|Burton Pfliger, Bismarck, N.D.
(January 1, 2010) Burton Pfliger along with his wife, Pattie, own and operate 260 commercial western white-face ewes that are crossed with terminal sire Hampshire, Suffolk and meat-type Dorset rams. Additionally, 100 purebred Hampshire and Suffolk ewes are used to produce home-raised terminal sires and to sell commercial range rams in the region. Lambing takes place in February for Hampshire and Suffolk ewes, while the commercial ewes lamb the later part of March and into early April. All lambs are reared and fed to 135 to 140 pound live weight and marketed through a cooperative direct to packing plants. The rams and replacement ewe lambs are all marketed to repeat customers and reputation sales. All of the forage used in the sheep operation is produced on the farm with additional forage sold to neighboring operations. Long ago, Pfliger learned that he could buy large amounts of poor-quality forage for less than his cost of production. However, he could not purchase high-quality forage for less than what his cost of production is. Grain used in lamb-finishing rations is purchased; this too, is an economic decision with local purchase prices less than local production costs.
Why are you an ASI Guard Dog Member?
“I believe the Guard Dog fund is necessary and essential to the sheep industry. The funds that our industry receives through the Wool Trust and the Lamb Checkoff Programs are not available to be used in political arenas or in the defense of industry. With the ever-increasing number and scope of special interest groups and lawsuits seeking to remove and disenfranchise livestock producers (the true conservationists/environmentalists) from federal and state lands, this fund will see a much larger and more frequent demand placed upon it. Consequently, Guard Dog funds and future donations to the program will have an ever-increasing importance and role in sheep production in the United States.”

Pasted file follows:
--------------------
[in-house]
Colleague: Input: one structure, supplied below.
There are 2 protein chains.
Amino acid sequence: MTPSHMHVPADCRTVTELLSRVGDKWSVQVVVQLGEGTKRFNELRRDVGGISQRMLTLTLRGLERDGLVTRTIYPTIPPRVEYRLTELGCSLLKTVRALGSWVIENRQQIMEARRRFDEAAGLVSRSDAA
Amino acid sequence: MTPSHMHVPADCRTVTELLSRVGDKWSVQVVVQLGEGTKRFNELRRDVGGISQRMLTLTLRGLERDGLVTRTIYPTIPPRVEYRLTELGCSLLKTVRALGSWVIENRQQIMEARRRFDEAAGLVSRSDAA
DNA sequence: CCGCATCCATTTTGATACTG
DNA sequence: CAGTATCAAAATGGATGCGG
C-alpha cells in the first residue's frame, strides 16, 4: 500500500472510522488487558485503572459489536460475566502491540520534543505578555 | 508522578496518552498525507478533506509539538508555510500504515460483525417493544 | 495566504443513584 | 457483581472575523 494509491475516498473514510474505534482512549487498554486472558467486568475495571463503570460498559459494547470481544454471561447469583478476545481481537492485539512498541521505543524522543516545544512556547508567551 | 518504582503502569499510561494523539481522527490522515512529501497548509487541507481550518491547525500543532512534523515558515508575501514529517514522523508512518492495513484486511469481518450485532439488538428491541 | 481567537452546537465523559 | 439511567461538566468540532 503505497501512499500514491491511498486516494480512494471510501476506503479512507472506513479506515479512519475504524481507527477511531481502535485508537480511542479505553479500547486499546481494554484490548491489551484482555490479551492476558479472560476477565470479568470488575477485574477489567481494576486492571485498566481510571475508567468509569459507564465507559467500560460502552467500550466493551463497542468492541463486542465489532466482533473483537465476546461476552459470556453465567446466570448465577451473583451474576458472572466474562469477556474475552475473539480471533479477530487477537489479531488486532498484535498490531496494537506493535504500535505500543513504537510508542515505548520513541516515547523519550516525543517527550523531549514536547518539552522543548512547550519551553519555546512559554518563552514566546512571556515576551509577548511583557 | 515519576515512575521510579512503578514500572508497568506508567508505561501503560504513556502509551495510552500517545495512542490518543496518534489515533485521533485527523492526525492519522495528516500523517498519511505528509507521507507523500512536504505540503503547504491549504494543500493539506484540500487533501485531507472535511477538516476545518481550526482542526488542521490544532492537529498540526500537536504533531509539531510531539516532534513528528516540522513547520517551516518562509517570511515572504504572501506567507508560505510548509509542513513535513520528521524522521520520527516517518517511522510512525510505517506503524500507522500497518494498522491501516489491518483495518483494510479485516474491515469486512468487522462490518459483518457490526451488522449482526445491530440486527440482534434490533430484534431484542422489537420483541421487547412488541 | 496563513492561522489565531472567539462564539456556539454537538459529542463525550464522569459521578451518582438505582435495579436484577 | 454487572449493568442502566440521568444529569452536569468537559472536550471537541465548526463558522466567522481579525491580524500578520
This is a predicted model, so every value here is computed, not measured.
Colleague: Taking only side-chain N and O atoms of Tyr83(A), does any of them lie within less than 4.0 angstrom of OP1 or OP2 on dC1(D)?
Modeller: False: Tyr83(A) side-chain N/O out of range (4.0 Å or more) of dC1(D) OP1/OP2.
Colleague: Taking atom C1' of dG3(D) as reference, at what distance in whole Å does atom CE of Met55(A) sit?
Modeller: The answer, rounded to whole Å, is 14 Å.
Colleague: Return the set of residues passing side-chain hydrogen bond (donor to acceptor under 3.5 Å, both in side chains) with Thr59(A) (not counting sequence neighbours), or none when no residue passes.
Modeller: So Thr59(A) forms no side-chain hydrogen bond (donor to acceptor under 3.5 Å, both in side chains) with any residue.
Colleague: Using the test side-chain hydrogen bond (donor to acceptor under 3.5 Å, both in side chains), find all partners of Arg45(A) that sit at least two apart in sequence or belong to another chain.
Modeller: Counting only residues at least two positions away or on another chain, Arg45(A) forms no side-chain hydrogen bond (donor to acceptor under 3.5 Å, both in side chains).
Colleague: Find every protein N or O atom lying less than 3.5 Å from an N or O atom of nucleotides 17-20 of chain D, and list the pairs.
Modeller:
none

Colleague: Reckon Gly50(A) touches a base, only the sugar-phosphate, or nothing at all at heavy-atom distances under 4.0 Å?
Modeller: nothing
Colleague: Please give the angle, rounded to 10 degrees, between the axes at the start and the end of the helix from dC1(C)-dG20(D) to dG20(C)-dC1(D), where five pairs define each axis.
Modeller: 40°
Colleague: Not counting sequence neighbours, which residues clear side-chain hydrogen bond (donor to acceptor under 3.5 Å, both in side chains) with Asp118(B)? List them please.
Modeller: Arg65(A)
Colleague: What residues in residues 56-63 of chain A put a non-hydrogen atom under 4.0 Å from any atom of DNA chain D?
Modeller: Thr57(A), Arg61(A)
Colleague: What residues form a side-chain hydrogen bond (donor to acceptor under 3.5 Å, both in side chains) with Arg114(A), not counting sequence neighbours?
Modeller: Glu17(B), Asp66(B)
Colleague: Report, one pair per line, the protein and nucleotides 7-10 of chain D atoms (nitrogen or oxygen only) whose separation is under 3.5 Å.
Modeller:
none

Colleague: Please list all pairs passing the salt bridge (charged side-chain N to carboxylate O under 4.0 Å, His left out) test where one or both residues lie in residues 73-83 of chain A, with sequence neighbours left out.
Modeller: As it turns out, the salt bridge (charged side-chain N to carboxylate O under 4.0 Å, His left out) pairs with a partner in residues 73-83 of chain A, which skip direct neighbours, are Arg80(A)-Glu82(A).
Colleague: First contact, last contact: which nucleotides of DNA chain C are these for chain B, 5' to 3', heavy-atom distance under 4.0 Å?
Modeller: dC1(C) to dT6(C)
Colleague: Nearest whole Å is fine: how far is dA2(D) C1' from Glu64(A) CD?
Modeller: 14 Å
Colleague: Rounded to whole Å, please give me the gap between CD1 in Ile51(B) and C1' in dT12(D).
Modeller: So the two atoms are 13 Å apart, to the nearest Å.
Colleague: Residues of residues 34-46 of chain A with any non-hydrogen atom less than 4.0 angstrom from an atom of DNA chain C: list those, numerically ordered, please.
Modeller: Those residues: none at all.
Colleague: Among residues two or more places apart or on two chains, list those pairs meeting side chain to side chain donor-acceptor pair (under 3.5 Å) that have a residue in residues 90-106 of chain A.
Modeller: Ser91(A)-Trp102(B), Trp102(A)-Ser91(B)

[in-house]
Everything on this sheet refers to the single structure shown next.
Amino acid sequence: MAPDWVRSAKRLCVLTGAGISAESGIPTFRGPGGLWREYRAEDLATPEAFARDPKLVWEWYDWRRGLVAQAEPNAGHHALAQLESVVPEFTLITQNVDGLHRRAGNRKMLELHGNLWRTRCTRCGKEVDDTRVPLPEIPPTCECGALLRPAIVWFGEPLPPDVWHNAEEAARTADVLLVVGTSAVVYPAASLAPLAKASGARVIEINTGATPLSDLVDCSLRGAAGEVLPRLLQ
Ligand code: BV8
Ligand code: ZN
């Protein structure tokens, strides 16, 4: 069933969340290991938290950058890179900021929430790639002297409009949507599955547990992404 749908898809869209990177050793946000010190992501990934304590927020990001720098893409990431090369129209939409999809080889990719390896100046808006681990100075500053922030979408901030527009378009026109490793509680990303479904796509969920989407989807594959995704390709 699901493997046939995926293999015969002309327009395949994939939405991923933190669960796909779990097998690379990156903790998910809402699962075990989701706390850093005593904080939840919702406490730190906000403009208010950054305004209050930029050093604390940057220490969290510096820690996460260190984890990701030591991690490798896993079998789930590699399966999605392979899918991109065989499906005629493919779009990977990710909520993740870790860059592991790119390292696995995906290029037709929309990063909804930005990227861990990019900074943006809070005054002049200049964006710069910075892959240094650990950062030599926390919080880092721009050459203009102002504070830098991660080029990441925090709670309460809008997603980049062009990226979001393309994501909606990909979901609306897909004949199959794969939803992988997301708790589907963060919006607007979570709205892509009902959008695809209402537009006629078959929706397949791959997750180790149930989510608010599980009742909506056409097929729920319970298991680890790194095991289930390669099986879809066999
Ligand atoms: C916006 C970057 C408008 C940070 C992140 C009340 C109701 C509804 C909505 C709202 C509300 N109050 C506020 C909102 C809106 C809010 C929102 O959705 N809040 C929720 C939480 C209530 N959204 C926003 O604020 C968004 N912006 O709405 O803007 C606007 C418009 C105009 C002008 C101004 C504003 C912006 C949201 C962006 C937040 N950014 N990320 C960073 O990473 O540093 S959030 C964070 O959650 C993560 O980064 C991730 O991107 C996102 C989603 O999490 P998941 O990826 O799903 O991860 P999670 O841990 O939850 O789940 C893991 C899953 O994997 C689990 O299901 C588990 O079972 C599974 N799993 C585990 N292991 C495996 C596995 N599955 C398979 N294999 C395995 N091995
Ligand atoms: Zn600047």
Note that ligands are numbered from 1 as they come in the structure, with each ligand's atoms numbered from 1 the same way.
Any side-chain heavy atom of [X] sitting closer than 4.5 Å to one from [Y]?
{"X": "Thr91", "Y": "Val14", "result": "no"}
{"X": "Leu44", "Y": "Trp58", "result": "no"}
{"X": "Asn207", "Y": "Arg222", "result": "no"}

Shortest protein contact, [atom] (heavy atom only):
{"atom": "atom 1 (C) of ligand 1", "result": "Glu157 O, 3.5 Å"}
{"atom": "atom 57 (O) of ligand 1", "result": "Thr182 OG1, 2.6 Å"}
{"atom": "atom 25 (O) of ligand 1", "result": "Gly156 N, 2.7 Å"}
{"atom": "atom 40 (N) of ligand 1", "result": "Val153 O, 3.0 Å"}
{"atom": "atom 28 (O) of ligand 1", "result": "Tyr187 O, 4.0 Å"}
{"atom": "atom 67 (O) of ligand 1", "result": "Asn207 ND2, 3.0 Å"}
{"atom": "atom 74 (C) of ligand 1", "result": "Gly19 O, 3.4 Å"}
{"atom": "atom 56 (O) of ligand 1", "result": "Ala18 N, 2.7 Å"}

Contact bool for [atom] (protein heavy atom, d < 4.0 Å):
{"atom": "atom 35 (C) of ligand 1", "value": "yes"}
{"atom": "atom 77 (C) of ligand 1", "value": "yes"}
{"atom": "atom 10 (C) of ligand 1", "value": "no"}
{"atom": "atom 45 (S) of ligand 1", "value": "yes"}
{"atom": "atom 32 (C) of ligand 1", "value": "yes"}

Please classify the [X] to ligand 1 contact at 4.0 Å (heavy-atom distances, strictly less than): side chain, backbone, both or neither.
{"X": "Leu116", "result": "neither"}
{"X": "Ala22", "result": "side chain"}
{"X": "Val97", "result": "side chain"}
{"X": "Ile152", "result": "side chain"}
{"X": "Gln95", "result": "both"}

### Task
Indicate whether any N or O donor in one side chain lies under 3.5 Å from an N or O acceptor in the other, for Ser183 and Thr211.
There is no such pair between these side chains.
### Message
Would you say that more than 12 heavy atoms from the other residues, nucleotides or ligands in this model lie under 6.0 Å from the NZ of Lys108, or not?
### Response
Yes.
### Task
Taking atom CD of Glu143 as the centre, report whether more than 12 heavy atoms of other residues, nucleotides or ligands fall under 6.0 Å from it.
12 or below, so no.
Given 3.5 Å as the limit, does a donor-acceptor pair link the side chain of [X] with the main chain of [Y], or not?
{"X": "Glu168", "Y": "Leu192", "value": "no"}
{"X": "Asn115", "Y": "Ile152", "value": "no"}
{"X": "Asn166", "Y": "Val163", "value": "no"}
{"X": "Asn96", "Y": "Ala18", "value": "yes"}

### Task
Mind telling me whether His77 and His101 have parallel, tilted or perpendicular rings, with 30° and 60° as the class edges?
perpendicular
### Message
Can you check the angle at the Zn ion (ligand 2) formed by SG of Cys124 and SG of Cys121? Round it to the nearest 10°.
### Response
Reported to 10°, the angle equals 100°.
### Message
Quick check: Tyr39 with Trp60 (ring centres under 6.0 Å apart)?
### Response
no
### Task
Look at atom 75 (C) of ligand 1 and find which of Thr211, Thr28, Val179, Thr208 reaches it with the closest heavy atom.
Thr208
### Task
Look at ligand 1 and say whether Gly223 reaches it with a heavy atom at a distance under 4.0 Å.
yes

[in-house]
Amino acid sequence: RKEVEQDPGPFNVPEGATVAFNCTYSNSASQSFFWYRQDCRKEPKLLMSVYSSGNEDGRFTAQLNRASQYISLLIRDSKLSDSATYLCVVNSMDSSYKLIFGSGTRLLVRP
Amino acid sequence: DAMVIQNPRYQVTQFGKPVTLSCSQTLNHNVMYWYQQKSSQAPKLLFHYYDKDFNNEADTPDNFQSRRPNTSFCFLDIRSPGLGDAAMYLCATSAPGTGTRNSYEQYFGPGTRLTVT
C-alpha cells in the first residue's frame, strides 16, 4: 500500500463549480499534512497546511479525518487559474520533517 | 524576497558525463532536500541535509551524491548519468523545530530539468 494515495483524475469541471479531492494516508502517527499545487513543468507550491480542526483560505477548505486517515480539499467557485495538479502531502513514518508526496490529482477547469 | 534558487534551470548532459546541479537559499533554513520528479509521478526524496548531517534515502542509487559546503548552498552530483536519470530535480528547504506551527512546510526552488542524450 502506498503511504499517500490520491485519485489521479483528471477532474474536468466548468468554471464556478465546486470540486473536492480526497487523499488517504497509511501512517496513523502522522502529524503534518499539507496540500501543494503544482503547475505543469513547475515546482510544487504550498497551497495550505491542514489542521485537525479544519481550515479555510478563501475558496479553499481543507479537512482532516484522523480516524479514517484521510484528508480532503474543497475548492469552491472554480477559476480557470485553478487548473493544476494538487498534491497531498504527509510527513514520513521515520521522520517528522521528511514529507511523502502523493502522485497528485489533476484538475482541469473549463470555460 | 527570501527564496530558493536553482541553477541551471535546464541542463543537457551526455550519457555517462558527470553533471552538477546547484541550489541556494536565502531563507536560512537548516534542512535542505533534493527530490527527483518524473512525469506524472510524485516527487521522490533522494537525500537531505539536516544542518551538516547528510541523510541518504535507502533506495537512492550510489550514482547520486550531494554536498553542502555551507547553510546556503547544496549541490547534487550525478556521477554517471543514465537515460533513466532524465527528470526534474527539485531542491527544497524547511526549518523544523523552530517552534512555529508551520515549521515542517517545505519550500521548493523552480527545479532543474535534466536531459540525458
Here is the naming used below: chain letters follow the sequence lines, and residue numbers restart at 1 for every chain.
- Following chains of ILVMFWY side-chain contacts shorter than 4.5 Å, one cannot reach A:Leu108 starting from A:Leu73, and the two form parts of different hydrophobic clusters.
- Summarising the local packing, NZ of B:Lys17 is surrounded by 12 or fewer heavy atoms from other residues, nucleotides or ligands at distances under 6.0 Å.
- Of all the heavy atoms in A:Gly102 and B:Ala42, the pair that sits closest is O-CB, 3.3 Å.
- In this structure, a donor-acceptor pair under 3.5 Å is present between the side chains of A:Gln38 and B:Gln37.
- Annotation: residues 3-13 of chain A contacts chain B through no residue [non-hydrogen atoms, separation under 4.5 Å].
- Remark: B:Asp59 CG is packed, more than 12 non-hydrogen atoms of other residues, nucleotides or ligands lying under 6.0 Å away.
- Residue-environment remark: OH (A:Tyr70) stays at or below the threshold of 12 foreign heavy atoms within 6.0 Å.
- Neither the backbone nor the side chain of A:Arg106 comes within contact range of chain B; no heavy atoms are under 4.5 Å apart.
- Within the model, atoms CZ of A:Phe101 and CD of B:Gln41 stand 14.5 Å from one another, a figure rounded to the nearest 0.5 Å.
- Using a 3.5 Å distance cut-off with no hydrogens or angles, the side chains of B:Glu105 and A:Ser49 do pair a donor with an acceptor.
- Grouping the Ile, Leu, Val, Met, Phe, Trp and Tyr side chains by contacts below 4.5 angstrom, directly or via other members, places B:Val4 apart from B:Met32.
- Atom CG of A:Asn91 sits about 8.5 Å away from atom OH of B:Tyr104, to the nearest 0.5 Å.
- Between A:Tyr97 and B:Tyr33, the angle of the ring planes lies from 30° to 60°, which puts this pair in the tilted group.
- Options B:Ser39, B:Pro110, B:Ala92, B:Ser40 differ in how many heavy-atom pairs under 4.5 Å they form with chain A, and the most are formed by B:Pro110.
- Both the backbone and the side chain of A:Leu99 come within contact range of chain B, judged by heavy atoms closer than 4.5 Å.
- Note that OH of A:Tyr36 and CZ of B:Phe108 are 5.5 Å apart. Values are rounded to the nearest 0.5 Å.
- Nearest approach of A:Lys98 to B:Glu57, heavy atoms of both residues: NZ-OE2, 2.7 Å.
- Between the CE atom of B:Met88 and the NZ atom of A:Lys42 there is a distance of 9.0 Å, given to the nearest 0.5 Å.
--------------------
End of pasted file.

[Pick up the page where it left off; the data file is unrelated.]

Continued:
How do you think our industry has benefited from the Guard Dog funds?
“Most recently, a good sum of money was committed from Guard Dog funds in successful defense of sheep producers who were facing eviction notices on long-standing allotments of federal and state lands. Had Guard Dog funds not been contributed to the coalition of affected parties, the outcome may have not been the same. The additional funds allowed the affected parties and the industry to mount a vigorous defense. Many in our industry feared had this first attempt been successful; precedence may have been set to remove other producers from public lands. Additionally, Guard Dog funds have been used in the political arena to better inform public policy makers about issues beneficial to the sheep industry. Examples include the Wool Trust, Scrapie Eradication Program, the Lamb Checkoff Program and the 201 legislation of a few years ago, which included payments for the ewe lamb retention program.”
What do you think are the industry’s biggest needs for the future?
“I am not sure that I could identify the biggest need for the future. I believe we have numerous challenges ahead of us. One of the biggest is the maintenance and growth of both sheep numbers and the infrastructure that utilizes the raw commodities we produce. I believe we need a credible platform from which to educate the non-agriculture public not only about the necessity of food production in this country but to also show the world unprecedented safe and humane food-production practices used to produce the bounty of food enjoyed by all people. Currently, we are at a disadvantage in this arena. Some organizations and groups prejudice the opinions of many uninformed consumers who only hear one side of the story. All this is done under the canopy of credibility provided by junk science, falsehoods and personal agendas. I believe that more should be done and explored in this arena with the land-grant university systems. I have recently spoken about this with some leaders in the land-grant university system. Reciprocity guest speaker programs between university systems and departments may provide a much-needed platform to restore balance. I am concerned as more and more groups push for the de-legitimization of animal agriculture what species will be offered up next. The horse industry is struggling with the issue of an outlet for unwanted over production right now. Finally, for the purposes of this editorial, I believe a permanent self-sustaining funding source for the American Sheep Industry Association (ASI) should be paramount in every producer’s mind. Pound for pound, ASI has more positive impact on the sheep industry through coalition building between industry partners, legislative and public policy partnerships and direct economic benefits to its producers than any organization I have ever witnessed.”
Established in 2001, the Guard Dog Program utilizes the recommendations and donations of dedicated industry individuals to address a variety of issues. We hope you enjoy learning about these individuals, their businesses and their foresight for the U.S. sheep industry. If you would like to become a member of the Guard Dog Program, contact the American Sheep Industry Association.